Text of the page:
Is that all? British police spent just £1.3m on cyber training for staff in the last three years
British forces have spent a tiny amount of money over the last three years on training its staff on cybersecurity issues.
Freedom of Information requests to all the UK’s police forces were made by a think tank called Parliament Street (PS).
It found that British police had spent just £1.3m in cyber training for nearly 40,000 officers and staff over the last three years.
The PS report highlighted official data from the Office of National Statistics (ONS) that has shown that that incidents involving computer misuse and malware against businesses have increased significantly in recent years.
Indeed, for a while now cybercrime offences, including online fraud, are now the UK’s most common forms of criminal activity, after they were included in official policing figures for the first time in 2015.
The latest ONS data shows that there were 4.7 million incidents of fraud and computer misuse in the 12 months to September 2017. Meanwhile other reports have estimated that 17m Britons were targeted by phishing, ransomware, online fraud and hacking in 2017, and Norton has previously estimated that £130bn was stolen from consumers last year.
“Cybercrime is on the rise and will continue to pose a serious threat to UK businesses, consumers and critical national infrastructure,” said the report. “This in turn, places huge pressure on our Police forces to ensure that officers, staff, new recruits and trainees are fully prepared to handle increasingly complex investigations.”
Despite this, it seems that police forces are not spending huge amounts in training their staff in cyber issues.
The PS report found that the highest cyber training spender was North Wales Police which spent more than £375,000 in the past three years.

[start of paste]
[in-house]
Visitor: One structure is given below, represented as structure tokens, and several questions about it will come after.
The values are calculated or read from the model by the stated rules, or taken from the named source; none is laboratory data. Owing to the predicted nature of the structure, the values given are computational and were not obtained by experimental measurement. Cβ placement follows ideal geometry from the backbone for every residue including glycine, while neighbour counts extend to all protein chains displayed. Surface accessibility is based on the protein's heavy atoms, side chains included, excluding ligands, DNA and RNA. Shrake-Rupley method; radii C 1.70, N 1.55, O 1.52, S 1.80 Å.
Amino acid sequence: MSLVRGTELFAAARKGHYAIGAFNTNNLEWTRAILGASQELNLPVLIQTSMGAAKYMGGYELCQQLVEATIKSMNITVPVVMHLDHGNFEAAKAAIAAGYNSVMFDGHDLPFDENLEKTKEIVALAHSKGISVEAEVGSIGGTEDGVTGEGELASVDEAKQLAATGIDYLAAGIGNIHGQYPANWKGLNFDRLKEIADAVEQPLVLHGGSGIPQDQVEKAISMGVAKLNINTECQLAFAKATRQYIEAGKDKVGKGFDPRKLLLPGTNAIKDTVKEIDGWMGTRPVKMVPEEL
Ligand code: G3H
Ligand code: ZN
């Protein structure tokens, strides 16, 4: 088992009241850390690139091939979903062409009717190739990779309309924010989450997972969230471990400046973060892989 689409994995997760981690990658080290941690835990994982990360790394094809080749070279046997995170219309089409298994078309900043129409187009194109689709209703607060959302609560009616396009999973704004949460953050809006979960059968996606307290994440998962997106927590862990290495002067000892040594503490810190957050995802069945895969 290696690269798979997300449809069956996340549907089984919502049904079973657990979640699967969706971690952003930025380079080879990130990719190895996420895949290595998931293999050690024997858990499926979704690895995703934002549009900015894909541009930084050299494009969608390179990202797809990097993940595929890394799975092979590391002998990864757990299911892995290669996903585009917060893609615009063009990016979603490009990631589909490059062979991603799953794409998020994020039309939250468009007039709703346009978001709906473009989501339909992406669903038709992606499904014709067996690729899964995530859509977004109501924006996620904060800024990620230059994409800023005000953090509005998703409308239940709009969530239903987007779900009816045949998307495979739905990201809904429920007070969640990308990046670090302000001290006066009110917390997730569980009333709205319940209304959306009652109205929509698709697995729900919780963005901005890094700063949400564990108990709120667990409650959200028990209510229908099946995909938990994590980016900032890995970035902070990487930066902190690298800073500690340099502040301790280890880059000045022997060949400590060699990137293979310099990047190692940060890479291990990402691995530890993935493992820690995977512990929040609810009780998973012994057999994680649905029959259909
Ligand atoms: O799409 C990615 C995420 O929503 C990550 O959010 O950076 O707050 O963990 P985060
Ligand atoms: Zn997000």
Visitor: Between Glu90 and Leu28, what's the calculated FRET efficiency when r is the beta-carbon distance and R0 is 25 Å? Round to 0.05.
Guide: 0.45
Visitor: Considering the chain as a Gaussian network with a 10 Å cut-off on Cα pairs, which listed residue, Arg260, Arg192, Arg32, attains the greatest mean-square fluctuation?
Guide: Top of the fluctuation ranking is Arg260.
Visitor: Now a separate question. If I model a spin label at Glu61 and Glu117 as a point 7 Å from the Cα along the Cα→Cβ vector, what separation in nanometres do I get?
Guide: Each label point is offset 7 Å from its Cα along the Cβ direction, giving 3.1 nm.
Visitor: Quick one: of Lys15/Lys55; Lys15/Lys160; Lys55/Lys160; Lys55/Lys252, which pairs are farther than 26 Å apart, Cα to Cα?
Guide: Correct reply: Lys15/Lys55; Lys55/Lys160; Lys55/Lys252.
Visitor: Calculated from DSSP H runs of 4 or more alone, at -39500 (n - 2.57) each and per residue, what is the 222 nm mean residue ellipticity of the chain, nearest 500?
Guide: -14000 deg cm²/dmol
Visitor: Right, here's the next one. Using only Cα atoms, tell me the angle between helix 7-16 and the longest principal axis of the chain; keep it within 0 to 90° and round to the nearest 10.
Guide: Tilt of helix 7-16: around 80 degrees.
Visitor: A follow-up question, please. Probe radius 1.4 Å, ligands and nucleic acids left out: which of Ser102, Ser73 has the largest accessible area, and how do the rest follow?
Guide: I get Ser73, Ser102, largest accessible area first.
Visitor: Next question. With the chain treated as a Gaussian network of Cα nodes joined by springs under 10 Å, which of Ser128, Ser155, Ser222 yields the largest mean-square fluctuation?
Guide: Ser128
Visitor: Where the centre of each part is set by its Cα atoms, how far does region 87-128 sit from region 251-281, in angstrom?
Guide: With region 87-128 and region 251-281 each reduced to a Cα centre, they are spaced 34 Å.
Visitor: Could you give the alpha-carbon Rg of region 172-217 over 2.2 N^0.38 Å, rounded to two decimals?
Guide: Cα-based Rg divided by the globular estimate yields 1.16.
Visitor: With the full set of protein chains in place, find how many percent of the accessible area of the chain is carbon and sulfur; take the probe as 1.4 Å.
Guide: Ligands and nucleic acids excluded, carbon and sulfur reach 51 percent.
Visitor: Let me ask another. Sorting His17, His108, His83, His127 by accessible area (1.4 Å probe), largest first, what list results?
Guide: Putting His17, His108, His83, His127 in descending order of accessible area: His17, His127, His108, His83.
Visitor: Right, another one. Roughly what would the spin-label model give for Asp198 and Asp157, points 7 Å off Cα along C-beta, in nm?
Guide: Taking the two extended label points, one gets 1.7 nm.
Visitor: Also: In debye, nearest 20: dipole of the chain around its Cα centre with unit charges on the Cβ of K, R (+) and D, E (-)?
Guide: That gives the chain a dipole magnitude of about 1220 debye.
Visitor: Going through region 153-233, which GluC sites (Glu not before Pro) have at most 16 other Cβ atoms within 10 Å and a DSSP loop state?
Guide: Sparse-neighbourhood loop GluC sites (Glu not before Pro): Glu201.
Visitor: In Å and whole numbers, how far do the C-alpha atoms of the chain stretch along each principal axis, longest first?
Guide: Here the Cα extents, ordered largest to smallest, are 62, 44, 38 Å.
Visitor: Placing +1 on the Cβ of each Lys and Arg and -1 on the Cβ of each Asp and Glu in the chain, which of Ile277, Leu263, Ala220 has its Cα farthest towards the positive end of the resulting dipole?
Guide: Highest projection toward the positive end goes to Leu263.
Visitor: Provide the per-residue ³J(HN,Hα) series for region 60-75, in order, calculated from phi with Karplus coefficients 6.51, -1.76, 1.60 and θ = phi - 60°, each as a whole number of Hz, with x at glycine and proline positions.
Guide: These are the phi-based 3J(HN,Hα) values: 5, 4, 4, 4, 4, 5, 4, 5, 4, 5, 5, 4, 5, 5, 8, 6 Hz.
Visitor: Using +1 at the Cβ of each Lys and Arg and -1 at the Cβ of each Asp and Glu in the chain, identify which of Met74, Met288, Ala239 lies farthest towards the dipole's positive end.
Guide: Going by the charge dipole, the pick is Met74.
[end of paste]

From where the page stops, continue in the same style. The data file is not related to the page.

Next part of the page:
West Mercia and Warwickshire Police submitted a joint response which saw them reach second place with a total spend of £125,633.
Lincolnshire was third with £119,834, followed by West Midlands Police, Police Scotland, and British Transport Police.
The Port of Dover spend absolutely nothing on cyber training, as did the police force (Gloucestershire Police) which has the UK’s electronic spy agency (GCHQ in Cheltenham), located in its area.
Gloucestershire Police has just 11 cybercrime training policemen.
The PS report made a number of recommendations going forward.
First; it advised the creation of a national police cyber strategy that would allow security specialist companies to “provide an agreed standard of training for all officers and staff across the country.”
Secondly, the report recommended that there should be increased recruitment of officers with existing cyber skills, and thirdly that police forces should share key security training services with each other.
In 2015 a report from industry watchdog techUK urged the UK’s police forces to build and develop closer working relationships with the country’s technology industry in order to tackle the ever-growing threat of cybercrime.
In 2014 the City of London police teamed up with Kaspersky Lab, in an effort to help educate both the police, and businesses around the UK, on dealing with the growing menace of cybercrime.
In 2014 a report from Her Majesty’s Inspectorate of Constabulary (HMIC) warned that the majority of police forces across the UK do not have a digital crimes unit capable of dealing with online events.
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